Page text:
More great advice from Mark Andreessen:
The world is an incredibly complex place and everything is changing all the time. You can't plan your career because you have no idea what's going to happen in the future. You have no idea what industries you'll enter, what companies you'll work for, what roles you'll have, where you'll live, or what you will ultimately contribute to the world. You'll change, industries will change, the world will change, and you can't possibly predict any of it.
Trying to plan your career is an exercise in futility that will only serve to frustrate you, and to blind you to the really significant opportunities that life will throw your way."
I used to be a bit snotty about Marc Andreessen, but over the years my respect for him has grown and his blog is now on my must read list. As an example of my misplaced snottiness read this from "Understanding Hypermedia 2.000", 1997, page 31:
"Marc Andreesen (sic) may not be as much of a visionary as the other hypermedia innovators, but his importance in the development of hypermedia should not be underestimated. The success of Mosaic in attracting both users and providers of information to the Web would have been sufficient to guarantee him an important role in its history. In the long term, his role in founding Netscape may be even more significant. Its rapid appearance as a multi-billion corporation marks a point when hypermedia moved from being an interesting curiosity to a medium whose implications were being taken very seriously by decision makers at the highest level in government, industry and business."
So apologies to Marc - in the unlikely event of a new, revised publication of "Understanding Hypermedia", your entry will be very different. Anyone who can write the following lies very high in my admiration:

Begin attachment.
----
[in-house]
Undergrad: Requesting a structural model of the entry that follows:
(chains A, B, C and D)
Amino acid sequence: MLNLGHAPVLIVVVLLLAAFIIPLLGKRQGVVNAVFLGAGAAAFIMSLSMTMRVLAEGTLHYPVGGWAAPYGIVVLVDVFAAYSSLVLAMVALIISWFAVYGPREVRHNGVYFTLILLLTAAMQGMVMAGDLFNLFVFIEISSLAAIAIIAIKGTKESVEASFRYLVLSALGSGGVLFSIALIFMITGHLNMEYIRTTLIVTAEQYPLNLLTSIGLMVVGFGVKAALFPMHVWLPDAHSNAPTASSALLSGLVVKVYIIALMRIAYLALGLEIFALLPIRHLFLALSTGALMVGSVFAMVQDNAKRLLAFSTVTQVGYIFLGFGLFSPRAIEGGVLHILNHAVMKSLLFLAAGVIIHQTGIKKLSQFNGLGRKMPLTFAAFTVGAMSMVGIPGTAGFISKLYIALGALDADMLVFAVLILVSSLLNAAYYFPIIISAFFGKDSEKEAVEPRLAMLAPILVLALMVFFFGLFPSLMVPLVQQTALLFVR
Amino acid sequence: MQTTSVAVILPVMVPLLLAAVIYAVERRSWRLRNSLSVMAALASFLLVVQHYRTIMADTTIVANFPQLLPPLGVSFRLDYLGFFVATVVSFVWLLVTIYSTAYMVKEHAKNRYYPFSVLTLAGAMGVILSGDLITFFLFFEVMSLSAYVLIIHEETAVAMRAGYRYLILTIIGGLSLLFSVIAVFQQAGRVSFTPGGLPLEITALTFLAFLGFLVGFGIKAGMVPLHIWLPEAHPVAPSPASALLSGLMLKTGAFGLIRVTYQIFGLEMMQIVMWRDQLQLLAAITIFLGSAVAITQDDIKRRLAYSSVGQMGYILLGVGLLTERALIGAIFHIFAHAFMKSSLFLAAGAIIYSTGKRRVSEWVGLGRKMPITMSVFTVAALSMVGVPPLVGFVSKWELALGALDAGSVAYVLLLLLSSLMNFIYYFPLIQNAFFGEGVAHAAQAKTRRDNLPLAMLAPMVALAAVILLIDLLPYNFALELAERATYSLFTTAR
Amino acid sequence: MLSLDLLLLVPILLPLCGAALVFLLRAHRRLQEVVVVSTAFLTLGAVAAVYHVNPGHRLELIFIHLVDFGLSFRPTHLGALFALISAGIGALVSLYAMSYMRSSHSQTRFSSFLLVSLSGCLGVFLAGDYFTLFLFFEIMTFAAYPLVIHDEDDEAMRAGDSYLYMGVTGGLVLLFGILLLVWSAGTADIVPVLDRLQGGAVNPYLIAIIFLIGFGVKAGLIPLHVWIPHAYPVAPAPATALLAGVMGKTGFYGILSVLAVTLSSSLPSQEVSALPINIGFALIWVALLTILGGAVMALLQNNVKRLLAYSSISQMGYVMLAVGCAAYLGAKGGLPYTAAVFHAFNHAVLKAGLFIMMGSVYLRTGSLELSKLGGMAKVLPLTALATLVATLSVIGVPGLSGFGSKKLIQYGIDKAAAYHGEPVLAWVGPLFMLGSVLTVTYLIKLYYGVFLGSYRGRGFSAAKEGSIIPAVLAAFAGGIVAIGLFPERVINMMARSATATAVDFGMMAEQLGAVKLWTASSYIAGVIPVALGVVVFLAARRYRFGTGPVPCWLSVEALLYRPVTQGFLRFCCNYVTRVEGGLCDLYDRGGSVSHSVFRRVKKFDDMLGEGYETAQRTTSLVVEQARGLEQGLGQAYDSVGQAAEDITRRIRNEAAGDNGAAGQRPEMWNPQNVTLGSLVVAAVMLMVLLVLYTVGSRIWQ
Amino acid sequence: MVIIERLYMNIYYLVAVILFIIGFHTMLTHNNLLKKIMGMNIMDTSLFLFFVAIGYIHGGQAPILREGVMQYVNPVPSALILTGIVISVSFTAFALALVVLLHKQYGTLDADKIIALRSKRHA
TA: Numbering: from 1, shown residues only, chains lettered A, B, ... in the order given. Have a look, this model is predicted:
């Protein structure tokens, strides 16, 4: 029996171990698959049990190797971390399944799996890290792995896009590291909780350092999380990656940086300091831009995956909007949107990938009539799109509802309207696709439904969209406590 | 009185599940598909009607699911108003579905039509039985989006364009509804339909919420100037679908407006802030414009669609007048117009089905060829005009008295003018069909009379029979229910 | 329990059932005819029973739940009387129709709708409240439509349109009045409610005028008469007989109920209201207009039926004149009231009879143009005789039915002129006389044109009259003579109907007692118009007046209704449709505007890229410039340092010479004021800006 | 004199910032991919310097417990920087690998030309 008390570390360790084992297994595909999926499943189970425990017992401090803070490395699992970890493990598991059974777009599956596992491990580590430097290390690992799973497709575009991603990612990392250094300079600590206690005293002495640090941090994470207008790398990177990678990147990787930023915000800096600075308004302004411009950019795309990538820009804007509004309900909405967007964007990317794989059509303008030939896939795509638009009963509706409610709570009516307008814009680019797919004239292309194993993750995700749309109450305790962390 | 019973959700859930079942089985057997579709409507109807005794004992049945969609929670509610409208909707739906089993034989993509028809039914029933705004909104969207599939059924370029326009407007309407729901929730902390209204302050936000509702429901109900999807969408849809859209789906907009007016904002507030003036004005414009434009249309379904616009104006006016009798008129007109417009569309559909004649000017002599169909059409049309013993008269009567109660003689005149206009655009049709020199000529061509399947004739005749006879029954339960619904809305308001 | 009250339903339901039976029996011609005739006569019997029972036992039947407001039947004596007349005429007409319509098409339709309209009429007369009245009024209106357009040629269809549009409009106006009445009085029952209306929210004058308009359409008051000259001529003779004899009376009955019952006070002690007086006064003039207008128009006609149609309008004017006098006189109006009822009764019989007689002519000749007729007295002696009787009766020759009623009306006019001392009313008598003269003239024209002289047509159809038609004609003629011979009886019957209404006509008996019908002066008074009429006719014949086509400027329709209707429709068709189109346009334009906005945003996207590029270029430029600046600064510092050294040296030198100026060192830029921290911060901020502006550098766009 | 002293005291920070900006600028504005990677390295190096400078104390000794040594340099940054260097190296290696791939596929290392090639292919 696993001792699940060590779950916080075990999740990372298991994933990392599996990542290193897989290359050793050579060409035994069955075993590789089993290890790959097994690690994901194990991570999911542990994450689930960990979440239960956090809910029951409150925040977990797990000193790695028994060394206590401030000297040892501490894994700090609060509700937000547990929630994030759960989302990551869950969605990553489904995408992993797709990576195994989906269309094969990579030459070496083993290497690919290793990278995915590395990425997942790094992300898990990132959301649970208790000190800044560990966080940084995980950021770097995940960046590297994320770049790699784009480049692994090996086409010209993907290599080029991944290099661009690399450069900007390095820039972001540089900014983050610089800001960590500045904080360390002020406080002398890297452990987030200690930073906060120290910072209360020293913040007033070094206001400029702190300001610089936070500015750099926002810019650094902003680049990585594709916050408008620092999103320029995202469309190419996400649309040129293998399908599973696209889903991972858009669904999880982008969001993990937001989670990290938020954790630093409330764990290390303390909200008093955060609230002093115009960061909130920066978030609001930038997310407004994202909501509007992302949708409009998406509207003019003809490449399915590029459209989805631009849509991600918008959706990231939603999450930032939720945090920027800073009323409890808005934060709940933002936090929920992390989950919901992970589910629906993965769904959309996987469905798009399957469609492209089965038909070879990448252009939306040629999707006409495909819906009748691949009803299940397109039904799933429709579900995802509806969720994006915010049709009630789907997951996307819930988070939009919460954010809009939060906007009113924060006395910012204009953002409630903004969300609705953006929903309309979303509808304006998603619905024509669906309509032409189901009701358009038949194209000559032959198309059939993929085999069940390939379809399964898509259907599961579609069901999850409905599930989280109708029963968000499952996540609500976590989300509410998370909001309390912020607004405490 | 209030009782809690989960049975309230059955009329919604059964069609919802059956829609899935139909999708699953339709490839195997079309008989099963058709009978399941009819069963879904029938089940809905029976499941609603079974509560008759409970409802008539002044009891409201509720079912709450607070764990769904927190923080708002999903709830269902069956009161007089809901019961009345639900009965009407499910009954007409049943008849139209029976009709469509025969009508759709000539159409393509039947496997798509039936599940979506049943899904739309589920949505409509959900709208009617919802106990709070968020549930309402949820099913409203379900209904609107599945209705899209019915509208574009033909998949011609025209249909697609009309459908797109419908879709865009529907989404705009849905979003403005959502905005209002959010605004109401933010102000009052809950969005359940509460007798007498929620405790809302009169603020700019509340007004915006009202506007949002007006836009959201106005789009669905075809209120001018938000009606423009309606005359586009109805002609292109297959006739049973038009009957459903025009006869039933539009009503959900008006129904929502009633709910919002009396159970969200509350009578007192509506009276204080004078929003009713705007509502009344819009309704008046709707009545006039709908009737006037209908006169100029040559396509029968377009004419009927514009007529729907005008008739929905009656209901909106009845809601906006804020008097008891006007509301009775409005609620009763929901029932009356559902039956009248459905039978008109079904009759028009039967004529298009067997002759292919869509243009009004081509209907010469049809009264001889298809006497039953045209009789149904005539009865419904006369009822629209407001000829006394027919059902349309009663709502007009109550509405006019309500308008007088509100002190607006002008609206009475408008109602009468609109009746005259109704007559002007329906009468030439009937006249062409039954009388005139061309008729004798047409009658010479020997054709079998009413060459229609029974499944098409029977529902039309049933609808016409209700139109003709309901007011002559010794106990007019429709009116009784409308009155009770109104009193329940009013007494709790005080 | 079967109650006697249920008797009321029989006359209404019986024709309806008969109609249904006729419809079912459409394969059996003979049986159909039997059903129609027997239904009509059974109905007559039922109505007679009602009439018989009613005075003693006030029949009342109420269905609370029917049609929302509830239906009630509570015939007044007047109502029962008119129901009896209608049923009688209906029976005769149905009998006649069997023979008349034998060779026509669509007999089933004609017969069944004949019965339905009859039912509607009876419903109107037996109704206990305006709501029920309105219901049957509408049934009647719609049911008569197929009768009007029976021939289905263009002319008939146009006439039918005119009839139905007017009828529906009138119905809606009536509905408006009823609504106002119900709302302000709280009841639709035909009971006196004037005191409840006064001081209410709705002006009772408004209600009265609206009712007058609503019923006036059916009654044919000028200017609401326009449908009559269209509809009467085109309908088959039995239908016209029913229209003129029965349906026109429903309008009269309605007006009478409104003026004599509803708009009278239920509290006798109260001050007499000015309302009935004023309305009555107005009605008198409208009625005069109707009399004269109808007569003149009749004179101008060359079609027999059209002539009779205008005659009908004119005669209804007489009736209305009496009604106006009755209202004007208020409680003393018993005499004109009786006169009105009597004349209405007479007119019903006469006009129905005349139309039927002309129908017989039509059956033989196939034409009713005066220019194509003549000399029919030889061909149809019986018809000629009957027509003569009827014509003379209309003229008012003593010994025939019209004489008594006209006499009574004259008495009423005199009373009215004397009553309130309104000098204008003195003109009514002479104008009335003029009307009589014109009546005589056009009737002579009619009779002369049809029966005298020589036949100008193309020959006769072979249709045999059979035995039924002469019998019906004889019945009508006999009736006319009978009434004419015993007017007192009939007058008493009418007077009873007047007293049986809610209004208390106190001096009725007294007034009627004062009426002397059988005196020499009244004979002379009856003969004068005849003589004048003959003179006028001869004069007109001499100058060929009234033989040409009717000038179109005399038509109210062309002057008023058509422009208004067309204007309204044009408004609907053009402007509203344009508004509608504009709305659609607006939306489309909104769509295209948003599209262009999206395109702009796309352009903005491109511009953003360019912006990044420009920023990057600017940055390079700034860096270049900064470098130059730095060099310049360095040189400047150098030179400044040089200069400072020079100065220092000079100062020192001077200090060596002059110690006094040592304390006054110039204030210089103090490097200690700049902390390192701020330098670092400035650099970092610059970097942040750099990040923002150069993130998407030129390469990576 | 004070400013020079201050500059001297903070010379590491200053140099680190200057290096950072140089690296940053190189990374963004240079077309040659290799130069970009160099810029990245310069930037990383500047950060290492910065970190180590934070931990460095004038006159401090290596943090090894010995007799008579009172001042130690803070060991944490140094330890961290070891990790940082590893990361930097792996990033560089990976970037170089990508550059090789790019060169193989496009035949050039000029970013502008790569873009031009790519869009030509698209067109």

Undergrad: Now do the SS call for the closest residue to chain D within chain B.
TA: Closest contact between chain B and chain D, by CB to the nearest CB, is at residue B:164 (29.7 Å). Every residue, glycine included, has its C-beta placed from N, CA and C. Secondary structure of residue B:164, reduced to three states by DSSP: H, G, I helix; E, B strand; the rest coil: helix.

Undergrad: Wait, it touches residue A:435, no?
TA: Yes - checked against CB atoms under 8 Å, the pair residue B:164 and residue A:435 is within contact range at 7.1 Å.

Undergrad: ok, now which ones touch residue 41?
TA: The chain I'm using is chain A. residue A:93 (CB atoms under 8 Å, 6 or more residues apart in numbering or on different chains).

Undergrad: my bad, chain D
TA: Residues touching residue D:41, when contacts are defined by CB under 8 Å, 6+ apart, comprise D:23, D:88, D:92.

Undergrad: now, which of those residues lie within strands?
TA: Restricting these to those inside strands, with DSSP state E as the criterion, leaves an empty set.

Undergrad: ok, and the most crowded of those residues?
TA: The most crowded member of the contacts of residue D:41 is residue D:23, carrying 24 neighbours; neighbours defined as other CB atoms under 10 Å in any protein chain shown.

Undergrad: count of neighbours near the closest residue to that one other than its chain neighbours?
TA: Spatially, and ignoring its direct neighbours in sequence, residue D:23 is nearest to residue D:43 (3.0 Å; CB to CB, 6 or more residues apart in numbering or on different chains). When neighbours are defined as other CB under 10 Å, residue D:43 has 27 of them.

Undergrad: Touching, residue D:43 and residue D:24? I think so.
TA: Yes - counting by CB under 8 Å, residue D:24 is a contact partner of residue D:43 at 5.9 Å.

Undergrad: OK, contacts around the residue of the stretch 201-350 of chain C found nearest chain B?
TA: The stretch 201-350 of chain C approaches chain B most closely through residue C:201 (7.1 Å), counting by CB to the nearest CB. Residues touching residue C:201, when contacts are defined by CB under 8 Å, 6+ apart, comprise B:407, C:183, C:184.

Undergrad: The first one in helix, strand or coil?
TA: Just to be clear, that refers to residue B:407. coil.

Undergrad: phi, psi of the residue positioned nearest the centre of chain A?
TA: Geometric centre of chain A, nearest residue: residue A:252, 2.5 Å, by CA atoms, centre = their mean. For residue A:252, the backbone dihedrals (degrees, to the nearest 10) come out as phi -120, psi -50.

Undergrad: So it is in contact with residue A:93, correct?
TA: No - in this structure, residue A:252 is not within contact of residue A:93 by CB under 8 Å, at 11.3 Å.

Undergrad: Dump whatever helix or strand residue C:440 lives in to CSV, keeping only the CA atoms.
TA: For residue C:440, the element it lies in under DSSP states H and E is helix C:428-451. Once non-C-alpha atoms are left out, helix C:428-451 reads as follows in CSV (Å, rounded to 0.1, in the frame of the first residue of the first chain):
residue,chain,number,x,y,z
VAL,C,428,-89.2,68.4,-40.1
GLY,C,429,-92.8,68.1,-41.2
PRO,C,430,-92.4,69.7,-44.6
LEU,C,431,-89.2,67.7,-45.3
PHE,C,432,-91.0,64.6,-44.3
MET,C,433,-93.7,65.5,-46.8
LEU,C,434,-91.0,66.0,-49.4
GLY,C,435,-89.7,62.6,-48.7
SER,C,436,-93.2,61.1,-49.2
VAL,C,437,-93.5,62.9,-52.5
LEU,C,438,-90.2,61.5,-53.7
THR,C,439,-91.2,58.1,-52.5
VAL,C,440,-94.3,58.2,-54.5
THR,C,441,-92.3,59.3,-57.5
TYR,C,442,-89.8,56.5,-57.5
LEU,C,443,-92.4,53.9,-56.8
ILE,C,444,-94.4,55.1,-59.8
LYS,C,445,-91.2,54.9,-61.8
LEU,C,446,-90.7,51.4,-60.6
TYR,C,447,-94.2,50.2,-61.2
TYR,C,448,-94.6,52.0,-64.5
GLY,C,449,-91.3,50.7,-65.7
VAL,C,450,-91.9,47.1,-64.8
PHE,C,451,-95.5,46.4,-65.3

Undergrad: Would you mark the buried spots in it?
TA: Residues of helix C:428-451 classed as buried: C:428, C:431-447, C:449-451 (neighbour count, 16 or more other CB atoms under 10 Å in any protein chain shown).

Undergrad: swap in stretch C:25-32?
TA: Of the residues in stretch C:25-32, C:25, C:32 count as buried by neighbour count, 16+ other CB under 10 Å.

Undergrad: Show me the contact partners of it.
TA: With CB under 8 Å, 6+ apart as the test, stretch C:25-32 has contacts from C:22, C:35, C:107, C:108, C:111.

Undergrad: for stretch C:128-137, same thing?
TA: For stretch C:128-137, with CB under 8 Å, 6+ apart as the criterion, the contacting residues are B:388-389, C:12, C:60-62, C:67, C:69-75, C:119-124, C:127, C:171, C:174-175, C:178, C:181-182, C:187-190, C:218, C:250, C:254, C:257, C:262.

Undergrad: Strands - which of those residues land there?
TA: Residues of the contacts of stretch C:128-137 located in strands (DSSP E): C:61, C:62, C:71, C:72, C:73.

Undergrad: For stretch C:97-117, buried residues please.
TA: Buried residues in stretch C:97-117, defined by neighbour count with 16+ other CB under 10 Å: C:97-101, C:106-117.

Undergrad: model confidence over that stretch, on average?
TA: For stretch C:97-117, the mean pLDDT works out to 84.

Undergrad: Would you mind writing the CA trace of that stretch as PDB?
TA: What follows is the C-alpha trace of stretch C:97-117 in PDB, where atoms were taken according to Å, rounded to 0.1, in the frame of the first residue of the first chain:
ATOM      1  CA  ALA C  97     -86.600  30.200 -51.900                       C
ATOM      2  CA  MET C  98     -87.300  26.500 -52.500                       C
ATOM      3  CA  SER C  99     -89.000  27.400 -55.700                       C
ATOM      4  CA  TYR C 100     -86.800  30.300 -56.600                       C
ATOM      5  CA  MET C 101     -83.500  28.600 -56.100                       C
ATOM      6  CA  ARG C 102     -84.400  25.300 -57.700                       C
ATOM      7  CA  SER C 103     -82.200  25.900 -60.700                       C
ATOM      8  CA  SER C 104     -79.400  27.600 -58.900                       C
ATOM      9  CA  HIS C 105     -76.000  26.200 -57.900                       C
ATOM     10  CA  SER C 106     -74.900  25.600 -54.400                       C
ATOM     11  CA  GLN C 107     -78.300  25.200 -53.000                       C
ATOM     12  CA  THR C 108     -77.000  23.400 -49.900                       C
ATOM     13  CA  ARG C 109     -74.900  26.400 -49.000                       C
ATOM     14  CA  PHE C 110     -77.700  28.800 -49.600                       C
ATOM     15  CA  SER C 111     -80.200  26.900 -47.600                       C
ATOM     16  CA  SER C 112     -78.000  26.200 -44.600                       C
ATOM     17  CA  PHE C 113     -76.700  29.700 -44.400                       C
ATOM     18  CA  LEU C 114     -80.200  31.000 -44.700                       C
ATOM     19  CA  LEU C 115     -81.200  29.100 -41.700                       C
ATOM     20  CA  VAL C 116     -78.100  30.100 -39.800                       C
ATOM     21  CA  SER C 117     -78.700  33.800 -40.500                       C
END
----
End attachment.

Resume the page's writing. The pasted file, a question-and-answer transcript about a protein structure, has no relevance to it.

"One of my favorite TATWTESBTISBAs -- Truths About The World That Everyone Should Be Taught In School But Aren't -- is that the real world is a wildly unpredictable place, and that most interesting or important things that happen aren't predictable, because there are simply too many moving parts and unknown factors at play."
It is as I feared. While, if I look back, I can see a considerable improvement in my condition, the sense of wellness I thought I detected as the New Year turned has proved to be something of an illusion. My face has got much better, I can almost see a hint of smile where there was once just a droop, but I am still subject to sudden burst of intense weariness and a general weakness leaving me with a strange sense of vulnerability. On top of that there are a variety of mysterious pains in various parts of my body, which come and go with great unpredictability. Above all, it is the going onness that is the hardest thing to deal with. It feels as if it will never end.
The sense of endlessness coincides with my awareness that my time in Chile is coming to an end. Tomorrow we leave our apartment and move to Mimi's mother's house in Vina Del Mar. A few days later we will be on our way back to London. The thought of being in London feeling as I do now is not inspiring. At least here I have the sights and sounds of summer to lift my spirits when things begin to feel to grey.
London, in contrast, will be grey and dark and the tasks that await my return are largely dreary too. However, and here is the touch of brightness I must cling to, while the dreary tasks must be done, lying beyond them are opportunities to shift into a new context. A drift away from the dreary into something more demanding and satisfactory. Yet another lurch in what I could laughingly call my career.